We invite paper proposals for an edited volume tentatively entitled Studying Race Relationally, which will examine the relational nature of racial formations in the US, including both theoretical and empirically grounded work that moves beyond an analysis of how individual groups are formed in relation to whiteness to consider how they are formed in relation to one another. Authors of accepted proposals will be invited to participate in a conference at the University of Chicago on May 12-13, 2016 at which they will present, discuss, and further develop their papers for publication. Professor Claire Jean Kim will be our keynote speaker at the conference.
Background: Scholars across the humanities, social and natural sciences today commonly recognize and conceptualize race as a social construction shaped in specific historical, social and cultural contexts. Much of the scholarship in this field has focused on sustained analysis of individual racialized groups, shedding light on their particular role and standing within the hierarchy of race in the United States.
An emerging body of work has also begun to consider the relational nature of racializations moving beyond the analysis of how individual groups are formed in relation to whiteness to consider how they are formed in relation to each other. Relational studies of race posit that racialization happens dynamically; group-based racial constructions are formed not only in relation to whiteness, but also in relation to other devalued and marginalized groups (e.g. African Americans, Native Americans, Latinos, and Asian Pacific Islanders), whose own racialization is itself constantly in play. By studying race relationally, scholars are able to make visible the connections among racialized groups and the logic that underpins the particular forms of inclusion and subordination they face. This process crosses both time and space. Even when groups do not directly interact they may be shaped by the same factors and phenomena that affect other racialized groups.
Working within this framework, for example, scholars have considered the interdependent racialization of African Americans and Chinese Americans in the U.S. South under Jim Crow. They have examined particular spheres of urban life–such as public health, law enforcement, housing, employment and cultural production—to understand the ways that racialized groups have interpreted and formed their identities, interests and power in relation to one another. They have come to understand the articulations between claims for tribal sovereignty and authority and Black political responses to vigilante violence and discrimination.
Such work also bears directly on historic and contemporary policy debates. Relational frameworks can help explain why, for example, major federal initiatives such as the Civil Rights Act of 1964 or the War on Poverty that were conceived of within a black-white paradigm faced a particular set of challenges when applied to immigrant or refugee populations. They can help us understand how a contemporary debate about birthright citizenship and “anchor babies”—now imagined as a Mexican immigration issue—in fact operated in nearly identical terms one hundred years ago, but subjected Asian immigrants to the assault of this racial script. They permit us to imagine the way that immigrant groups’ experiences in the United States are shaped by the institutions and cultural understandings of race that immigrant and native-born groups before them faced.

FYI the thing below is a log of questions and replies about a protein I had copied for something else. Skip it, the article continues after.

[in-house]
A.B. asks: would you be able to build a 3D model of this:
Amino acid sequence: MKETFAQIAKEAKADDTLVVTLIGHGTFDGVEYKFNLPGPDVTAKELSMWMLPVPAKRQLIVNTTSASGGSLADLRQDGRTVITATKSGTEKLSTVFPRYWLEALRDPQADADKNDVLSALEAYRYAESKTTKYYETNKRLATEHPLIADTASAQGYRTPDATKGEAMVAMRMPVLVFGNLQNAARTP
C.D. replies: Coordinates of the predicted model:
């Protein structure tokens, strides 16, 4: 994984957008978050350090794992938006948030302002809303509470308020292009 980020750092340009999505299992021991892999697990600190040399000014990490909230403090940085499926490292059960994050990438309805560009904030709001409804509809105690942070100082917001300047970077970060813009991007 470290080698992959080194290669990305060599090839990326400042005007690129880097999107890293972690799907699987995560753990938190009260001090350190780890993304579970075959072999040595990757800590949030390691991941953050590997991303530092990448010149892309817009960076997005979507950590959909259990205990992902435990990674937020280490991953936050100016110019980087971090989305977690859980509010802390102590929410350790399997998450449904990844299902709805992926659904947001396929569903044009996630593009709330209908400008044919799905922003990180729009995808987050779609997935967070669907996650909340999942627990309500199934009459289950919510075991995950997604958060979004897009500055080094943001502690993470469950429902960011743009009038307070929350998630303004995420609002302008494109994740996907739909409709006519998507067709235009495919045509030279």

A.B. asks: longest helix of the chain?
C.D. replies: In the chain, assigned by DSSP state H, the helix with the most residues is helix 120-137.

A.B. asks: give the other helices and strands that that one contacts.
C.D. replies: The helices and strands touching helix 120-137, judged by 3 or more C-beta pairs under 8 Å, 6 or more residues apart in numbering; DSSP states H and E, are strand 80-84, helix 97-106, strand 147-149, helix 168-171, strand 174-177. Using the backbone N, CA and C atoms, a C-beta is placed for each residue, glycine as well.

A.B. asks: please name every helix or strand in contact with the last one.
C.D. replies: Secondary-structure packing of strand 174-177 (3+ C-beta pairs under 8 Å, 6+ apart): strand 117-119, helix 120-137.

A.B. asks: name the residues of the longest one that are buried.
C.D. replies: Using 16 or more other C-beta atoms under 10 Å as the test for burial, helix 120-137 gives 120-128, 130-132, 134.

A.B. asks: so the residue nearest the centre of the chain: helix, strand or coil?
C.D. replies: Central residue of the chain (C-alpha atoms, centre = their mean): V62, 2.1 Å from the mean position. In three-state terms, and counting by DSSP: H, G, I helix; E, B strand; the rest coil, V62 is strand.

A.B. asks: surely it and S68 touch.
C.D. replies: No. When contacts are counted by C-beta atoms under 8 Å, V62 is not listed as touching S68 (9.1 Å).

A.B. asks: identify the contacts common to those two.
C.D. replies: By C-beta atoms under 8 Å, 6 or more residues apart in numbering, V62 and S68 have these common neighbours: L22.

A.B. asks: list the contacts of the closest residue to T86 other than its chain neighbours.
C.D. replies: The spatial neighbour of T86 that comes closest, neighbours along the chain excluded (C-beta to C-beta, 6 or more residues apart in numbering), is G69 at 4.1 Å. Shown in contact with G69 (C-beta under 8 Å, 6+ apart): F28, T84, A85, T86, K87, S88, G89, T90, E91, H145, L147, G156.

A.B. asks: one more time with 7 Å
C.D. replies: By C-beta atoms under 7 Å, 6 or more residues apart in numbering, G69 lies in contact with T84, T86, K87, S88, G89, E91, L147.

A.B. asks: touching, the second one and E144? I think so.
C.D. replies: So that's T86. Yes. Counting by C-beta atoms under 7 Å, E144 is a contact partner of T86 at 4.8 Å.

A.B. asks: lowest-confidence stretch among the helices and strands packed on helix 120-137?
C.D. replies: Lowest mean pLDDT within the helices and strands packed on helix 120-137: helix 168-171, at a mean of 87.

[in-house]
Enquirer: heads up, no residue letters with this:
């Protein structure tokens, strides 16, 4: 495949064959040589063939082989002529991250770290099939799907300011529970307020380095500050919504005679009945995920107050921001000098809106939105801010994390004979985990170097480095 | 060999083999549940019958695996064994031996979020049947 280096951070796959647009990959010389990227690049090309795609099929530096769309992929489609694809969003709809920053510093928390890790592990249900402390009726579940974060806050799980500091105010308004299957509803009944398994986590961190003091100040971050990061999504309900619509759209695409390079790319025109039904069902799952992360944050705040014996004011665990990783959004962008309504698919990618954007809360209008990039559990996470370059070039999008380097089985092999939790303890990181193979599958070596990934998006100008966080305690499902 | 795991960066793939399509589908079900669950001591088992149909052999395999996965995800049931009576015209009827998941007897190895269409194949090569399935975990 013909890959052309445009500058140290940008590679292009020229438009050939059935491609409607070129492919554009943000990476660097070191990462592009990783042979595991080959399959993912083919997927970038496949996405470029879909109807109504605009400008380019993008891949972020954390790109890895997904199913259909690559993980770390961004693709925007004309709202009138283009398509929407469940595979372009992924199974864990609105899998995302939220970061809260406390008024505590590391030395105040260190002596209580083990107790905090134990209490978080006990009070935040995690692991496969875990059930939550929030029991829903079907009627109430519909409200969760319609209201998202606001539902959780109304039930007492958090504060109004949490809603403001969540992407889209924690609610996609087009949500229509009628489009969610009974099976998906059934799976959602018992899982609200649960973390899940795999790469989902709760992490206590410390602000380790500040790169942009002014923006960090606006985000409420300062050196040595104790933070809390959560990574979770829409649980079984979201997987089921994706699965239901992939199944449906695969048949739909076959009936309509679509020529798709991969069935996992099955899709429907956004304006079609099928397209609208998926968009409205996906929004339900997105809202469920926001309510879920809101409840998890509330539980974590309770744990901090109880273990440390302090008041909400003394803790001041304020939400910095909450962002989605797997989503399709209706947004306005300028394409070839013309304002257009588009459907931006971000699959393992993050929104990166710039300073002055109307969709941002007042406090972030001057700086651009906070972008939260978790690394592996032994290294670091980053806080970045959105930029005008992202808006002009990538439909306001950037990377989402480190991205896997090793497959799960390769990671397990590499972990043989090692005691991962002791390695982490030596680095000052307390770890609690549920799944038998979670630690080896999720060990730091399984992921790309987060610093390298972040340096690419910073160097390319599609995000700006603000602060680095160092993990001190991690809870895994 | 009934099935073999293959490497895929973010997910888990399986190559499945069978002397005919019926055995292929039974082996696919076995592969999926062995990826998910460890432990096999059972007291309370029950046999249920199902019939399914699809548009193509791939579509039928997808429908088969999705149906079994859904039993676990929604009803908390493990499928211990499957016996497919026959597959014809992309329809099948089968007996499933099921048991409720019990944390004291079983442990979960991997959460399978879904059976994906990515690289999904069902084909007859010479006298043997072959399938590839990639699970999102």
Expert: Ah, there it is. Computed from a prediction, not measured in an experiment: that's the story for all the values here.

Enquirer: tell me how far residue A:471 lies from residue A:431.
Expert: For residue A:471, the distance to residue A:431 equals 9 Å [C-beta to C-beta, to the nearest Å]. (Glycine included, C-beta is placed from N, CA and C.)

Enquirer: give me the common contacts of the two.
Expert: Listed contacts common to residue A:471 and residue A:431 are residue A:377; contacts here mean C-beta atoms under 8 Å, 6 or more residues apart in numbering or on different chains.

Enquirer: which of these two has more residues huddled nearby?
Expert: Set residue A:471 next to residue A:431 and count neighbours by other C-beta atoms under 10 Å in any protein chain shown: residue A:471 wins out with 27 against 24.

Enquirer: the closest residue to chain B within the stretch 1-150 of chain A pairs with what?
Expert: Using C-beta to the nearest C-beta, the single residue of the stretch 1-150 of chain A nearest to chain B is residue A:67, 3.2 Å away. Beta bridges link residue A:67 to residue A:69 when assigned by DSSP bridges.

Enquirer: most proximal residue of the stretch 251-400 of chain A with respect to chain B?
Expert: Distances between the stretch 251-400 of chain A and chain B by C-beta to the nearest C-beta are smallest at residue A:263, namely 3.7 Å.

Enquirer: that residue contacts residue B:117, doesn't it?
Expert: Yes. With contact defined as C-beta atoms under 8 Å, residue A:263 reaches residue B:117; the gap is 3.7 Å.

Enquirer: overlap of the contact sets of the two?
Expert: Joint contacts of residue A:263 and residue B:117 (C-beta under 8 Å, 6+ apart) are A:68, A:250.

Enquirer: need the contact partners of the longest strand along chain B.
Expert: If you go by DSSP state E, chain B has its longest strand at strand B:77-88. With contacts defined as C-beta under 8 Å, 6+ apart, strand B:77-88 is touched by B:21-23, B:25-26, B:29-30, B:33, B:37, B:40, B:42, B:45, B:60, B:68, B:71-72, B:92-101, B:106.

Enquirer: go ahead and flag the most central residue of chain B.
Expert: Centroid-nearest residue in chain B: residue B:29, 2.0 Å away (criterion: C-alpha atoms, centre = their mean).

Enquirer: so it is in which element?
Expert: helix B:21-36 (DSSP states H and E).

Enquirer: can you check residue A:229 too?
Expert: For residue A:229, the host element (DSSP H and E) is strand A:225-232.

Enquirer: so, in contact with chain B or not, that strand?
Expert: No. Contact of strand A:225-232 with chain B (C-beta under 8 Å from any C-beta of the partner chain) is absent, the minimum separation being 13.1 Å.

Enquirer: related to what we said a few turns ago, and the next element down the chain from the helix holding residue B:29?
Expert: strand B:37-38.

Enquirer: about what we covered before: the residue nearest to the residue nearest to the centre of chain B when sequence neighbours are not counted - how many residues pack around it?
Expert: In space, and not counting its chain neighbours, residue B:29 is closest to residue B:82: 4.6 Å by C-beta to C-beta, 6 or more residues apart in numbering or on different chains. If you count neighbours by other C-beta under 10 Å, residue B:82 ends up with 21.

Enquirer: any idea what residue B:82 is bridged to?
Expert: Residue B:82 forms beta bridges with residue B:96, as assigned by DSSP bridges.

We seek paper proposals around the following three themes as well as any others themes and topic appropriate to this project.
(1) Theories of Studying Race Relationally: What paradigms and frameworks are most productive to study race relationally? What is generative about studying race relationally? How do prevailing theories of racial formation, intersectionality, and social construction help to explain this process?
(2) Historical case studies: How do historically grounded case studies demonstrate the theories of studying race relationally? How might it be productive, for example, to study Japanese internment and the Bracero Program together? Possible topics might include studies of race and space in multi-ethnic and racial areas, race and citizenship, or policies that affect racialized groups differently.
(3) Contemporary Issues: How can scholarship within law, sociology, anthropology and other social sciences illuminate the relational dimensions of race? How can a relational approach light on the legal status and claims of Native American groups that have large numbers of Afro-descended members? How might it explain the dynamics of political conflict and cooperation in many US cities between long-standing Black and Latino/a communities?
Submissions: We welcome proposals from scholars of all ranks to contribute critical and innovative scholarship for consideration for the public conference and proposed publication. Selected participants will meet at the University of Chicago on May 12-13, 2016 to present their pre-circulated papers in a public forum. Travel, meals and housing will be provided for accepted participants. First drafts of papers are due one month before the conference, or on April 12, 2016. Participants will then be expected to revise their papers for publication, based on conference comments and feedback.
Paper proposals should consist of a 500-800 word essay describing your project, the research thus far undertaken, and its connection to the conference and volume themes, along with a two-page CV. These materials should be sent to each of the following conference organizers: Natalia Molina (firstname.lastname@example.org), Ramón Gutiérrez (email@example.com), Dan Martinez HoSang (firstname.lastname@example.org), and Niels Hooper (email@example.com) with the subject line “Studying Race Relationally.” Submissions must be received by January 8, 2016.